(Note that I’m not suggesting that the physical violence that often marks racial and GLBTQ* discrimination is anywhere near as prevalent against polyamorous people.  I’m simply pointing out that the legal ramifications of demanding equal treatment are similar, and the arguments that staying silent is a choice are similar. Legal ramifications still count as discrimination in my book.  Emotional ramifications still count in my book. Threats of breaking up families are still threats, even if they are carried out by “the authorities” in daylight, rather than by vigilantes by torchlight. This stuff is real, and it is discriminatory.)

Additionally, Lucius Scribbens in the comments to the Poly In the News post, has a very chilling point:

Something that is still concerning is, even though Chief Justice Robert Bauman says it does not apply to non-married people with plural relationships, what about a married couple who have outside relationships. Canada’s adultery law reads:

Criminal Code – R.S.C., 1985, c. C-46 (Section 172)(1) Every one who, in the home of a child, participates in adultery or sexual immorality or indulges in habitual drunkenness or any other form of vice, and thereby endangers the morals of the child or renders the home an unfit place for the child to be in, is guilty of an indictable offence and liable to imprisonment for a term not exceeding two years.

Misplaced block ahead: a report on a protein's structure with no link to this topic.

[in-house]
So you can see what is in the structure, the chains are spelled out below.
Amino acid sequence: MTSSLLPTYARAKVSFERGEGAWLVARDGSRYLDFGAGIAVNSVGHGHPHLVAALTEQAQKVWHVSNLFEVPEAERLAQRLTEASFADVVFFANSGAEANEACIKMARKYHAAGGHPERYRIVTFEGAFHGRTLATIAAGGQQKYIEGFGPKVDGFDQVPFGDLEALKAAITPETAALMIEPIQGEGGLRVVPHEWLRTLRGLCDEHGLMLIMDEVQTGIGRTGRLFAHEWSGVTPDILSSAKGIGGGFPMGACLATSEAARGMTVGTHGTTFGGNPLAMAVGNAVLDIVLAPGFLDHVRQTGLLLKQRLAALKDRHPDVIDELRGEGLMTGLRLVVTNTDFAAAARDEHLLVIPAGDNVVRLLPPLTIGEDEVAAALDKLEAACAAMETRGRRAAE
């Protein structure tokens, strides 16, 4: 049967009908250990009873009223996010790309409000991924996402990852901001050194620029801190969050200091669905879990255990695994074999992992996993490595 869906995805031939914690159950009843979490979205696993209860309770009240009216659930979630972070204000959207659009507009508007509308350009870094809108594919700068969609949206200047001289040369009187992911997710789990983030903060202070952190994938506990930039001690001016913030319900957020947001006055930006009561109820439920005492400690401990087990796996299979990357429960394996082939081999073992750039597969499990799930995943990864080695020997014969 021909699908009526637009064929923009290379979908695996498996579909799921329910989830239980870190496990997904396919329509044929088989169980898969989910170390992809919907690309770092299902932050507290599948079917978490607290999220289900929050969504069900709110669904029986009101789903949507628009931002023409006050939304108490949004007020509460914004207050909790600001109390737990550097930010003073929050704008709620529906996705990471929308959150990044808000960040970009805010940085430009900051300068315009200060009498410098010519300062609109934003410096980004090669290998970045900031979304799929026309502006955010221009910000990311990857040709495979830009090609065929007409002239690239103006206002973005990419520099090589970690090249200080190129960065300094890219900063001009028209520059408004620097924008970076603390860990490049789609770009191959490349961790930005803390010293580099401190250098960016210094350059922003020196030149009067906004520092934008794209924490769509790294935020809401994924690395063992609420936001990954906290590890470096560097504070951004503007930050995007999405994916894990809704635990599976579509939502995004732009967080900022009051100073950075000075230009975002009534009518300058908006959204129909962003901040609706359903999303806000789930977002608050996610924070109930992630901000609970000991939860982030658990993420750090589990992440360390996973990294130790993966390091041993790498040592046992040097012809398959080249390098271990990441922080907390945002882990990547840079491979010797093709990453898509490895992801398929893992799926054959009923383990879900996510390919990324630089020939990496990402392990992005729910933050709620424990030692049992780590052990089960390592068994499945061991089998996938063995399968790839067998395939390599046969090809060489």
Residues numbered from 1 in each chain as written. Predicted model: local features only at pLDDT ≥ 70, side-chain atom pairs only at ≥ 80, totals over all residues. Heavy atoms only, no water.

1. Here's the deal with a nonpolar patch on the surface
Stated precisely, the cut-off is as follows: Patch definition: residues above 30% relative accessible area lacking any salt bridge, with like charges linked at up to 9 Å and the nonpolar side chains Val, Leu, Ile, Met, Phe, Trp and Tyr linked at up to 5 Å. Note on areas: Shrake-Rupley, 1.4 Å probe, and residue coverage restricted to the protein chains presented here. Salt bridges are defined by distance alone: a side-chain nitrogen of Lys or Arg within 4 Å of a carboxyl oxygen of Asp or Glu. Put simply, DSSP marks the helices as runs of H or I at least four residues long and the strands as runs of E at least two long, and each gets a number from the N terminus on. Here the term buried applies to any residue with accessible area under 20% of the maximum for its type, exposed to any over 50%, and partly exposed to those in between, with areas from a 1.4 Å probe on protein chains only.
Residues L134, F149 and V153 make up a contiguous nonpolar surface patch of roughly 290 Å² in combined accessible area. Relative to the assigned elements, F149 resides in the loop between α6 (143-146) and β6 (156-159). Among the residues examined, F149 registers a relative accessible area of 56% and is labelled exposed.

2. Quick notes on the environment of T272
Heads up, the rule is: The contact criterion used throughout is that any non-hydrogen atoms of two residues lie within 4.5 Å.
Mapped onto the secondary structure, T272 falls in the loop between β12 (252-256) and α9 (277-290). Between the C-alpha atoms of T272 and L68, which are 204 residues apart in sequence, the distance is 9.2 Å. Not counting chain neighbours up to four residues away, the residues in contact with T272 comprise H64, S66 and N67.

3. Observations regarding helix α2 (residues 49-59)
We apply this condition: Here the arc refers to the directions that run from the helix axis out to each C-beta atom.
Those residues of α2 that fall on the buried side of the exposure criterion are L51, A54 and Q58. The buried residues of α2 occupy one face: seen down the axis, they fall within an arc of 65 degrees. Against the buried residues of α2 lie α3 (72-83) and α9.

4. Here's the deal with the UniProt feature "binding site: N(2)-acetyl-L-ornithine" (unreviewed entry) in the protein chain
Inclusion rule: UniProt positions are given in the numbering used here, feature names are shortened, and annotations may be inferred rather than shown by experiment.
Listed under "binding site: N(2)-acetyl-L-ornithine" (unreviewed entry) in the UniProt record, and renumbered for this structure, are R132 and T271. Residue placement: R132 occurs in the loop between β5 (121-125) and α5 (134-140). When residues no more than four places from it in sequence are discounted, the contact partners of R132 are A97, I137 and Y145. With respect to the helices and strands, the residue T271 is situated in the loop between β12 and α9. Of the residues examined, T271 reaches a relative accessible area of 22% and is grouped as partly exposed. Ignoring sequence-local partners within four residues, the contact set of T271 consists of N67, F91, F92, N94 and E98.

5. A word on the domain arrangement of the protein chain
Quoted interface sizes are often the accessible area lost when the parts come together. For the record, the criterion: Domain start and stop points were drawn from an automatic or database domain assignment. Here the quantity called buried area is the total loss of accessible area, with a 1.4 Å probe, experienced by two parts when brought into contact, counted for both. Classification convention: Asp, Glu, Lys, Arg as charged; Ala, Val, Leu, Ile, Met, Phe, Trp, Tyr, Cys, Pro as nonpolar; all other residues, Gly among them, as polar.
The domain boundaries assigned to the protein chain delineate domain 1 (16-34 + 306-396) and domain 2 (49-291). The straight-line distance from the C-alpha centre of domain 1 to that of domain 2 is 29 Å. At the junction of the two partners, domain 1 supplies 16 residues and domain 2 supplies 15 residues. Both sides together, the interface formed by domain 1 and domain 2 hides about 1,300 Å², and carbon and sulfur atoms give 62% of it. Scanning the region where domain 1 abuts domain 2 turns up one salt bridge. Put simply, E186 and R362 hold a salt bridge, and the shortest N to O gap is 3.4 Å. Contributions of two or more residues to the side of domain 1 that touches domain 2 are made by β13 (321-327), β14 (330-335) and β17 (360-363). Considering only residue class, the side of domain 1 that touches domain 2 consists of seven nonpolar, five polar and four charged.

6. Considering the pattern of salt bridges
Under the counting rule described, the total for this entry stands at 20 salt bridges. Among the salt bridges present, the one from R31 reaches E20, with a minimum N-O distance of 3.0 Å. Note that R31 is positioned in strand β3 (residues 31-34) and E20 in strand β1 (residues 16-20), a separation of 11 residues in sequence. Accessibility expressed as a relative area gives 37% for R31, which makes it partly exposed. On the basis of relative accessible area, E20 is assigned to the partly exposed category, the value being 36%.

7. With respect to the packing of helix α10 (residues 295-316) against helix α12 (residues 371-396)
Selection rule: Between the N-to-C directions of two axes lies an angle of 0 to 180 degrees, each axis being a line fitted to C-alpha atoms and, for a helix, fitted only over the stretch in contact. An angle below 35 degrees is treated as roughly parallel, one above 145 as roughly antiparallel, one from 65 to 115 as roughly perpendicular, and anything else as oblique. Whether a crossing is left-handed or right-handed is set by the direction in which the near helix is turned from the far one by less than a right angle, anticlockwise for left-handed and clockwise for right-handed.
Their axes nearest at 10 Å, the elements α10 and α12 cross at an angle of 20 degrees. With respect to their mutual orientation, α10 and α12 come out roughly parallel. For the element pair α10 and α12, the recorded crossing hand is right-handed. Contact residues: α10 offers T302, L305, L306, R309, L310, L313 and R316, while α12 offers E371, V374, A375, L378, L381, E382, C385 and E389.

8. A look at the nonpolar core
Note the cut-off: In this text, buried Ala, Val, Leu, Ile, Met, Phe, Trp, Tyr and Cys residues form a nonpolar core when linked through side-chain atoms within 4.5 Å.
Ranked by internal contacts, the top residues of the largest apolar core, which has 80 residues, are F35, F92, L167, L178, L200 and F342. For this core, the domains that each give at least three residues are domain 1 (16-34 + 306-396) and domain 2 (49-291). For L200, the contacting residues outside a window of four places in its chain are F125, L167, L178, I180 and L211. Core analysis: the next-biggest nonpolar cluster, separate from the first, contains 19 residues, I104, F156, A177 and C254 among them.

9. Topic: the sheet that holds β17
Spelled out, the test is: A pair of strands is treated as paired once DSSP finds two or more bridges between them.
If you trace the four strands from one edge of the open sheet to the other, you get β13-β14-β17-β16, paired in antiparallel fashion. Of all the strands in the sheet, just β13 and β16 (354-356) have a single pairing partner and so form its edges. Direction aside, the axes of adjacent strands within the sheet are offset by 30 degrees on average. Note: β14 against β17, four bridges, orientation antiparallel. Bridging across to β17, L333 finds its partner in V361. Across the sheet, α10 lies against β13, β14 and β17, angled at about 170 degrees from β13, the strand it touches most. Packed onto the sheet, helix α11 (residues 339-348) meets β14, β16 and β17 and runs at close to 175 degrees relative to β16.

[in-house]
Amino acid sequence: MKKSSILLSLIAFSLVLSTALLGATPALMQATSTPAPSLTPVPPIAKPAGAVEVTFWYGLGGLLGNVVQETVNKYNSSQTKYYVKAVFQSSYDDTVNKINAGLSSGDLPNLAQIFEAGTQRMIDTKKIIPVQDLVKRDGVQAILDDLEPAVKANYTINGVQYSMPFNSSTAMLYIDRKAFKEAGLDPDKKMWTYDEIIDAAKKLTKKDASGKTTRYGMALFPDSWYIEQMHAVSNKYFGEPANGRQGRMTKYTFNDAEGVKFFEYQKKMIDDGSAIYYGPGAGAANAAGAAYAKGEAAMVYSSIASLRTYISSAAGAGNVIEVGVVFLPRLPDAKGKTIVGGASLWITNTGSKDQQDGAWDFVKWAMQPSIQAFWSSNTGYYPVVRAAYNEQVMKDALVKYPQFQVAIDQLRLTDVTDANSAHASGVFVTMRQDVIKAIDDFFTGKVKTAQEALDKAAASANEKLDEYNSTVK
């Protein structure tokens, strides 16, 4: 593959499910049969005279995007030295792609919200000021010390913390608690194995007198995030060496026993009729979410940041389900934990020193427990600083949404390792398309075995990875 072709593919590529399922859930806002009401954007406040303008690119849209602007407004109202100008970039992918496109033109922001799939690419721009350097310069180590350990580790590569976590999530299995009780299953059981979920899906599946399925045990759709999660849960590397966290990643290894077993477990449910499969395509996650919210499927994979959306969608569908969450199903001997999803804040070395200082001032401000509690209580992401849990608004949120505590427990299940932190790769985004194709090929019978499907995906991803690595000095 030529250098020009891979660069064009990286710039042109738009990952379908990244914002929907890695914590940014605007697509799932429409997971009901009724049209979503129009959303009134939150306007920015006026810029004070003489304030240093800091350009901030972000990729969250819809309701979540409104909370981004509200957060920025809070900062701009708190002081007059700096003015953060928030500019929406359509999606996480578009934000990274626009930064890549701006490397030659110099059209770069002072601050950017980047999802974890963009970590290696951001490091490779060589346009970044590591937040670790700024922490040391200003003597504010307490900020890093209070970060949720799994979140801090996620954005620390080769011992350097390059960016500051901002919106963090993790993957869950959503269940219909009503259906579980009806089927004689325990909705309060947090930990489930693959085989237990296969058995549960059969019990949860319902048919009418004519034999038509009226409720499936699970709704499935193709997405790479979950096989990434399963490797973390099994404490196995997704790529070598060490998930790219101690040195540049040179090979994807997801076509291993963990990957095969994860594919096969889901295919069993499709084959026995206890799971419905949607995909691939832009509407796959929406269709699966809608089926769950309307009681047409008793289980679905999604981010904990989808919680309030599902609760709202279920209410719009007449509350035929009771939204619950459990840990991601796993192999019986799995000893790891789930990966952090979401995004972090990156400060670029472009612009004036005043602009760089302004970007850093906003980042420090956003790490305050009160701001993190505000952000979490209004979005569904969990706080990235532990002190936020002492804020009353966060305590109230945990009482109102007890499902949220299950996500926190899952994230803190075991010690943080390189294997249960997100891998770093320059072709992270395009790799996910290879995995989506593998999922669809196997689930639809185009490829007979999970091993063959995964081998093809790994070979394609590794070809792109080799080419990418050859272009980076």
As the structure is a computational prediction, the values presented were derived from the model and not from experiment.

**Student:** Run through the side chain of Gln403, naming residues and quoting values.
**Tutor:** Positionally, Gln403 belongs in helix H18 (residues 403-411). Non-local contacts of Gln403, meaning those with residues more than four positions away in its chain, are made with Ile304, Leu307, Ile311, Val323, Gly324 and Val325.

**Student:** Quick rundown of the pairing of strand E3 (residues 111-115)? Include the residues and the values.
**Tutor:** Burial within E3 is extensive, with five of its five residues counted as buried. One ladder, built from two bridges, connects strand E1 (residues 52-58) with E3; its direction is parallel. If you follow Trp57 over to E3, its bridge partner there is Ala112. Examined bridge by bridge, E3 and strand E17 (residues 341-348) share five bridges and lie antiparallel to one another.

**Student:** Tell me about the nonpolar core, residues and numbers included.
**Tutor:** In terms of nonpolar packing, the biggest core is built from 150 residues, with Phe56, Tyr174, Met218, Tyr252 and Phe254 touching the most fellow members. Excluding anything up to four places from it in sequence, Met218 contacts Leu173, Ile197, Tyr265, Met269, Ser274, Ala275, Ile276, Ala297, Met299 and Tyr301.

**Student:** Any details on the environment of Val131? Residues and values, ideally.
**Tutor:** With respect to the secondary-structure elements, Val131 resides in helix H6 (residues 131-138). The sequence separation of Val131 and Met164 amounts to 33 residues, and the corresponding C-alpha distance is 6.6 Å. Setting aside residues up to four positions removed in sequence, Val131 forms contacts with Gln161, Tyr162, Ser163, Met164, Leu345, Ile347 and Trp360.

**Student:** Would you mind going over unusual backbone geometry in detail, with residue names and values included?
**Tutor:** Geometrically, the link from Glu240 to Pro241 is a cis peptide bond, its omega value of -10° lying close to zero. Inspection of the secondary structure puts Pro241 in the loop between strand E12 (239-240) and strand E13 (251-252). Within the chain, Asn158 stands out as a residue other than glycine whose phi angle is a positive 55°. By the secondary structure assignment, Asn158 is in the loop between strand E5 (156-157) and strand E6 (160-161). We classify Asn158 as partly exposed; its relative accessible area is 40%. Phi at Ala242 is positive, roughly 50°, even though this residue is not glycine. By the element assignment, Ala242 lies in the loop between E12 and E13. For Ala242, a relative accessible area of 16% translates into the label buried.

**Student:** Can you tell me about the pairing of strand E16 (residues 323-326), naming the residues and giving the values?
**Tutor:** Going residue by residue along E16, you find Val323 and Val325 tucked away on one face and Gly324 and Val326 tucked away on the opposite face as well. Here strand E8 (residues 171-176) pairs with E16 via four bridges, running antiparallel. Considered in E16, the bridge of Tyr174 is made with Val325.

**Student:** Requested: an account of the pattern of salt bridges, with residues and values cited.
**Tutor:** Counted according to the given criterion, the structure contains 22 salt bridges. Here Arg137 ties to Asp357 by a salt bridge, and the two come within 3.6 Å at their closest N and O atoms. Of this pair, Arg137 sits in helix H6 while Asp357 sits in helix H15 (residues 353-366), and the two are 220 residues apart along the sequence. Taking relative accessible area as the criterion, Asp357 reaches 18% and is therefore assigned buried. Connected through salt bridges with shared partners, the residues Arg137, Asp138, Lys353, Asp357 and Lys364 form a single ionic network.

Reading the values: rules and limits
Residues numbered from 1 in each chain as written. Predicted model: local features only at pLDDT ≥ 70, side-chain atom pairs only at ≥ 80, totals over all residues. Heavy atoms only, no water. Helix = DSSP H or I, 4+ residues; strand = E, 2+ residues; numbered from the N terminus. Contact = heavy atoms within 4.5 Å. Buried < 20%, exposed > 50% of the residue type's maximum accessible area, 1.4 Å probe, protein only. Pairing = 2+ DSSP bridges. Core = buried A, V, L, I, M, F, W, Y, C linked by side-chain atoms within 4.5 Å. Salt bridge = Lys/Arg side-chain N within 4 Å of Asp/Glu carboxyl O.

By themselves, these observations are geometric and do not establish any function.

So even though a poly family may not be prosecuted under the polygamy law, they can still get up to two years in prison for cohabiting and fornicating if there are children also in the home.

So as it stands, polyamorous families in Canada are “free” to practice polyamory, so long as they don’t get “married” or have any sort of ceremony — even non-legally-binding — marking their union.  But if there are children in the household, then they’re STILL “behaving badly,” and deserve to be punished for exposing children to their “immoral ways”–the very same “immoral ways” that this law forces polyamorous families to maintain.

Catch-22, anyone?

Tomorrow, while at our American Thanksgiving dinner with our polyamorous family — with married partners, extra partners, children (some related to the married partners, some not) blood relatives, former partners, and non-partner friends — I will certainly be giving thanks for our own somewhat dubious American freedoms, and praying (in my tolerant, inclusive, but non-Christian way) that a successful appeal will be mounted, so that families everywhere might in the future give thanks in freedom for their shared love and support, with all the same rights and privileges accorded to families of any make-up, no matter their race, religion, sexual orientation, or number of family members (or anything else, for that matter).

In the meantime, I’d better get downstairs to cook the cranberry sauce, and move some furniture.  My family will be here tomorrow!

♥ ∞ ♥ ∞ ♥ ∞ ♥ ∞ ♥ ∞ ♥ ∞ ♥ ∞ ♥ ∞ ♥ ∞ ♥ ∞ ♥

© 2011, Dawn M. Davidson

4 thoughts on “Polys Between Rock and Hard Place, Canadian-Style